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What Customer Experience Means in Modern Marketing

User Experience


A 2016 survey by Spigit found that 75% of the respondents have improvement of customer experience (CX) their top objective as a company. CX was also the most pressing matter for marketers in 2014, and it’s expected that by 2020, it will take over price and product as key differentiators. But why are companies looking at CX this way?


Why CX Matters

Customer experience starts with a business’s branding activity and encompasses the entirety of the buyer’s journey and beyond. It is the impression and perception you leave your customer, including how they think of your brand at every stage of their journey. This means that multiple touchpoints factor into CX, happening on a cross-functional basis.

However, customer perception isn’t permanent and can change with every interaction. Someone can have a good experience selecting the product they want because the information available is enough. But, if after-sales is lacking (i.e., customer support agents are unsympathetic or technical support is slow), then the CX still cannot be considered a good one.

Neglecting specific steps in the customer’s journey and not making customer perception a responsibility for everyone in the organization are just some of the worst mistakes you can make when it comes to CX.

It is essential to take the time to and make sure that the customer journey is strong to yield good CX because their satisfaction is a testimonial for other prospects. They will likely continue doing business with you, and even bring along their friends and family. Satisfied customers are the best brand advocates, helping you drive purchase decisions.


How Has CX Changed?

In the past, CX is determined by the brand itself through their communication efforts. May it be flyers, calls, voicemails, and emails, all the information that the consumers needed were provided to them. However, there was a lack of third-party insights.  

Nowadays, with the help of technology, CX is made personalized, with contextualized interactions depending on the time and place. Customers now have the freedom and capability to inform themselves through websites and peer reviews. As a result, they interact with the brand in whatever way they want.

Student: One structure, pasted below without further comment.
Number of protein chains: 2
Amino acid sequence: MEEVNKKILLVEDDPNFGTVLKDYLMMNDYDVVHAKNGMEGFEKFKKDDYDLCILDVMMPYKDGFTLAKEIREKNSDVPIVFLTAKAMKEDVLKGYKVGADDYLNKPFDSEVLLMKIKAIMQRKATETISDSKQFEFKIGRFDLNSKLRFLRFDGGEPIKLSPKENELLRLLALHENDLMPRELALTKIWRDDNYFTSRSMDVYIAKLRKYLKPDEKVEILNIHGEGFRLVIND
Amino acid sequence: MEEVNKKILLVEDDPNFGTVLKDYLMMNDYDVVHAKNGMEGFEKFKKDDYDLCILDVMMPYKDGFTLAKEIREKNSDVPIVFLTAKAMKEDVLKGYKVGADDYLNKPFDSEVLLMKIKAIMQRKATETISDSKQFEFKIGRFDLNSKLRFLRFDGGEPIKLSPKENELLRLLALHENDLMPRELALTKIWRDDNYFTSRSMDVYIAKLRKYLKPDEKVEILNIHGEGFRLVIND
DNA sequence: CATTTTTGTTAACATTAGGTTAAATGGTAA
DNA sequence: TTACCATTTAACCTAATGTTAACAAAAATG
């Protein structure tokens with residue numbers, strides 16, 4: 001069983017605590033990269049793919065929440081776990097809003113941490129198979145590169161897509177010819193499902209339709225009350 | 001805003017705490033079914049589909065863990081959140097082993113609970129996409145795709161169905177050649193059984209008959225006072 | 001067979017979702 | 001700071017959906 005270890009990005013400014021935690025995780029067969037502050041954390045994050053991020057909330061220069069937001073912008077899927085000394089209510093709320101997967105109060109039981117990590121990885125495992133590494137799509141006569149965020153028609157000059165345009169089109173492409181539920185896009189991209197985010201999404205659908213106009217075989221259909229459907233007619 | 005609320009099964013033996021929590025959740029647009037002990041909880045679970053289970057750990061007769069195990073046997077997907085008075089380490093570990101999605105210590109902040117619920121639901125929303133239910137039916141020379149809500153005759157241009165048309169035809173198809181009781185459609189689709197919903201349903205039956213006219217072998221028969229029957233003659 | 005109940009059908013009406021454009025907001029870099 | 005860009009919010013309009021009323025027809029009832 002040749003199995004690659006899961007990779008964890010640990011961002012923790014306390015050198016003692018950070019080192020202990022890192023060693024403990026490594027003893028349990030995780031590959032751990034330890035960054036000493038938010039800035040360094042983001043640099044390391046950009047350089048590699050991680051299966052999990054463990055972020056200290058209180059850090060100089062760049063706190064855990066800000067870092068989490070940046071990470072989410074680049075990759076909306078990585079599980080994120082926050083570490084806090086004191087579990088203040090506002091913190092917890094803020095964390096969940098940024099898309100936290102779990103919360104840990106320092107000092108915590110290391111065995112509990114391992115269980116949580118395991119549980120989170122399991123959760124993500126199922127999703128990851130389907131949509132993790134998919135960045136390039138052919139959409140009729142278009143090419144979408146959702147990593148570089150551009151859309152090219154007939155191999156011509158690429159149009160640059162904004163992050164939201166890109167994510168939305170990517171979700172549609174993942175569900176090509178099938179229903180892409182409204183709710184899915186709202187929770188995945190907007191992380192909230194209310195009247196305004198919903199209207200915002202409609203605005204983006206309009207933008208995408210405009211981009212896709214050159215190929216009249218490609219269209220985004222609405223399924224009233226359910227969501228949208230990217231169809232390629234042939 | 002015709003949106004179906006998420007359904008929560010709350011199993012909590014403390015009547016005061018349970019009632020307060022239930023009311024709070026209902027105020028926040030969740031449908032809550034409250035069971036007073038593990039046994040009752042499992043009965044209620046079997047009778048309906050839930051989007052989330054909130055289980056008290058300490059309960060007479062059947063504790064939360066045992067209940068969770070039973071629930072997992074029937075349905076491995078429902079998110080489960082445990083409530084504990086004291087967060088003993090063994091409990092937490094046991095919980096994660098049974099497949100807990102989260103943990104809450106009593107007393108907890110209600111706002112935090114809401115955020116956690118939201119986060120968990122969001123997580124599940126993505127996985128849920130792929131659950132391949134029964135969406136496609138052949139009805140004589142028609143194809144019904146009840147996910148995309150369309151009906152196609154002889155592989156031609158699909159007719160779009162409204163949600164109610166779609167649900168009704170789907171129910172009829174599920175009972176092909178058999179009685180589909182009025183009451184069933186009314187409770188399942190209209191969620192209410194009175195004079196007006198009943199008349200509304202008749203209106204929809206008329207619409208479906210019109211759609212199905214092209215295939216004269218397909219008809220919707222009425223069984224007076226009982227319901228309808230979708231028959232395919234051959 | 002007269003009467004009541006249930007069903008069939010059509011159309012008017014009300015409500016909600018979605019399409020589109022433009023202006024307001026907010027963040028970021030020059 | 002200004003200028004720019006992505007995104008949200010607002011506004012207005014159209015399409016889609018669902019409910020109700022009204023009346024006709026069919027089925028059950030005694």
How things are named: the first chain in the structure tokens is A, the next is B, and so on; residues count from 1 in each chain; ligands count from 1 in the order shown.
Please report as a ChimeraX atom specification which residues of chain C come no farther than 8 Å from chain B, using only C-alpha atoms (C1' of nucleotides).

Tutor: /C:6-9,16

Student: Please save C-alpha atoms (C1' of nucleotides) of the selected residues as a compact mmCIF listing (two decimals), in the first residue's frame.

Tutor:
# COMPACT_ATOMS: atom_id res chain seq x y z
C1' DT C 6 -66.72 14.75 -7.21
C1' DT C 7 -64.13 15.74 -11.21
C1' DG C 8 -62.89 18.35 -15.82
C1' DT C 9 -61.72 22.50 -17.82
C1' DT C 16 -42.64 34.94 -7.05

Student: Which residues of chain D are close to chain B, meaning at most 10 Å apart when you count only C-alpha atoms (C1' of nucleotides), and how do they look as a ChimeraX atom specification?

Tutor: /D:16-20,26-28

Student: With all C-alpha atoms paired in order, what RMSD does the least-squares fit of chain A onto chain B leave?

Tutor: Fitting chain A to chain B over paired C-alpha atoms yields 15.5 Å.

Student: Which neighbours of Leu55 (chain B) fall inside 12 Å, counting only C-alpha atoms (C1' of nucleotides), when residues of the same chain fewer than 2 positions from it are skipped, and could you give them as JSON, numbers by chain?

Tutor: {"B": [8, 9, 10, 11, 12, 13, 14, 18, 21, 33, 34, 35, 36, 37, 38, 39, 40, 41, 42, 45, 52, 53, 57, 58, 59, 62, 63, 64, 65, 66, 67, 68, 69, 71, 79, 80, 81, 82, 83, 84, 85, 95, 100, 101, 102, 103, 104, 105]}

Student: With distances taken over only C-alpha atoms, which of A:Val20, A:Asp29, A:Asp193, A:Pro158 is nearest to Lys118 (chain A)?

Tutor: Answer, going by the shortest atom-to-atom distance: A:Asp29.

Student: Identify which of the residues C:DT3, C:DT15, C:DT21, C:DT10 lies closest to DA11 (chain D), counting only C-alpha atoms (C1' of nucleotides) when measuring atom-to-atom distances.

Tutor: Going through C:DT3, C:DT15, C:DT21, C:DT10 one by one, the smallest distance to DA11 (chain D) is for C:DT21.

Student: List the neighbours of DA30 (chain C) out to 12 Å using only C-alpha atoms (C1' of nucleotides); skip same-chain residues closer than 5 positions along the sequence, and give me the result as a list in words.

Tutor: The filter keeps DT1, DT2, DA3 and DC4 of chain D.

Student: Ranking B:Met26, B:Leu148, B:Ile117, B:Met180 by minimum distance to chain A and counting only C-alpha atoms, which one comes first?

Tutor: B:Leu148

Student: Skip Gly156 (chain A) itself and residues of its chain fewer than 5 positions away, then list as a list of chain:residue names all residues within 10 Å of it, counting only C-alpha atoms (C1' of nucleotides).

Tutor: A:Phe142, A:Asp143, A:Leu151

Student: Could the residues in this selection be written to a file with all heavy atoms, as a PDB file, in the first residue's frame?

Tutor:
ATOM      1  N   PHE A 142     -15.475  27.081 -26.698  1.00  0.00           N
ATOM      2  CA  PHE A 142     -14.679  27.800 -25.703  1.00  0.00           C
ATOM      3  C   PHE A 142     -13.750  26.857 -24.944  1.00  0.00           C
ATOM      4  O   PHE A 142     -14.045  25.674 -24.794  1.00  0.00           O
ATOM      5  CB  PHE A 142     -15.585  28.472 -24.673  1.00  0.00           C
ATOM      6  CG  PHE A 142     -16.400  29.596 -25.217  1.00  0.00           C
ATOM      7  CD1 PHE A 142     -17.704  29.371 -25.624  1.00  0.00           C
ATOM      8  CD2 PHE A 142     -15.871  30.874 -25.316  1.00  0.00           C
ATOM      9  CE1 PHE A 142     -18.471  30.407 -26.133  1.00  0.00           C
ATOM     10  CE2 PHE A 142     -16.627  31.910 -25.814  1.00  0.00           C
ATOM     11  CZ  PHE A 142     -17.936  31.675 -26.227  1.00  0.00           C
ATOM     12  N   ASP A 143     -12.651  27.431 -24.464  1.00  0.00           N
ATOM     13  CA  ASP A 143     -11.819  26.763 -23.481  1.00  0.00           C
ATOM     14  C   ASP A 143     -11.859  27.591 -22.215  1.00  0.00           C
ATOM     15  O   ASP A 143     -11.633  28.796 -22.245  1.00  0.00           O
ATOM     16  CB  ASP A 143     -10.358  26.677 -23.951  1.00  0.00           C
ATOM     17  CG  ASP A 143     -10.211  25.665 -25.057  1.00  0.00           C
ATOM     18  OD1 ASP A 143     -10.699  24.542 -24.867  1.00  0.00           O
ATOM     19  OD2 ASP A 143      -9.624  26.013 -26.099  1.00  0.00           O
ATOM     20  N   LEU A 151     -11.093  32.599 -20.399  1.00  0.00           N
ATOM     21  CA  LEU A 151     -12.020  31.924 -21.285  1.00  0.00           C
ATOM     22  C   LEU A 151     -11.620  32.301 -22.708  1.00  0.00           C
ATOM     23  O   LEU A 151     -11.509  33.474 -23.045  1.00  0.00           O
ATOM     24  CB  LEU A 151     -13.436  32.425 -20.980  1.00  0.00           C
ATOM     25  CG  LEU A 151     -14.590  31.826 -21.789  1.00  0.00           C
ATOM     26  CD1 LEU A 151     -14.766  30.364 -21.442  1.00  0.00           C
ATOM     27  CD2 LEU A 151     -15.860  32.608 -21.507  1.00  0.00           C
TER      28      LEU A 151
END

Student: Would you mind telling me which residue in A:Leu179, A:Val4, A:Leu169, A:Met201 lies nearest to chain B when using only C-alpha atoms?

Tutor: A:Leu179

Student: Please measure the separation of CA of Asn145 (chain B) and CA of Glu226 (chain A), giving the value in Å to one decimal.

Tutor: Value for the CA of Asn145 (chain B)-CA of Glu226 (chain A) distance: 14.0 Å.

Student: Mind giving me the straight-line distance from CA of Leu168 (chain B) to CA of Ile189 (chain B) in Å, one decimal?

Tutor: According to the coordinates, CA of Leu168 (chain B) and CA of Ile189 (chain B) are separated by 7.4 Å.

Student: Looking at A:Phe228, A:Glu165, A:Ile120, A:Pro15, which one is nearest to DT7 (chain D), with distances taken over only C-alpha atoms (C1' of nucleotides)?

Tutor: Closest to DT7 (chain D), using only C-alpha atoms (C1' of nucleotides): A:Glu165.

Technology offered customer more options, ease of switching power, and the ability to influence the business. In that way, CX is expected to be seamless and cohesive.


What Needs to be Addressed?

CX may be an aspect that needs to be taken care of to boost revenue. But, it’s not surprising to know that there are still specific areas that need to be worked on or improved to benefit the customer more (which, in turn, can also be an advantage to your business).


  • Digital Minimalism in Marketing

CX involves monitoring consumer behavior not just to determine their purchasing activities but also to learn the trends to keep brand messaging relevant. One such pattern that has emerged is minimalism. It may only be apparent to some in terms of art and design, but this concept has affected CX, as well.

Minimalism had customers simplifying their lives, and in the words of author Cal Newport, “is motivated by the belief that clearing away the low-value digital noise and optimizing the tools that matter can significantly improve life.” That means presenting your message as clearly as possible and utilizing as few channels as possible to make it more appealing.

When it comes to CX, people care more about the right content on their preferred channel. The danger of having a multi-channel approach, according to Joe Pulizzi, founder of the Content Marketing Institute, is oversaturation—that marketers have “become infatuated with the tools and less concerned about what is inside them.”

Adapting to the cultural shift of the customer sometimes means taking a more scaled back approach. This can be done through the following: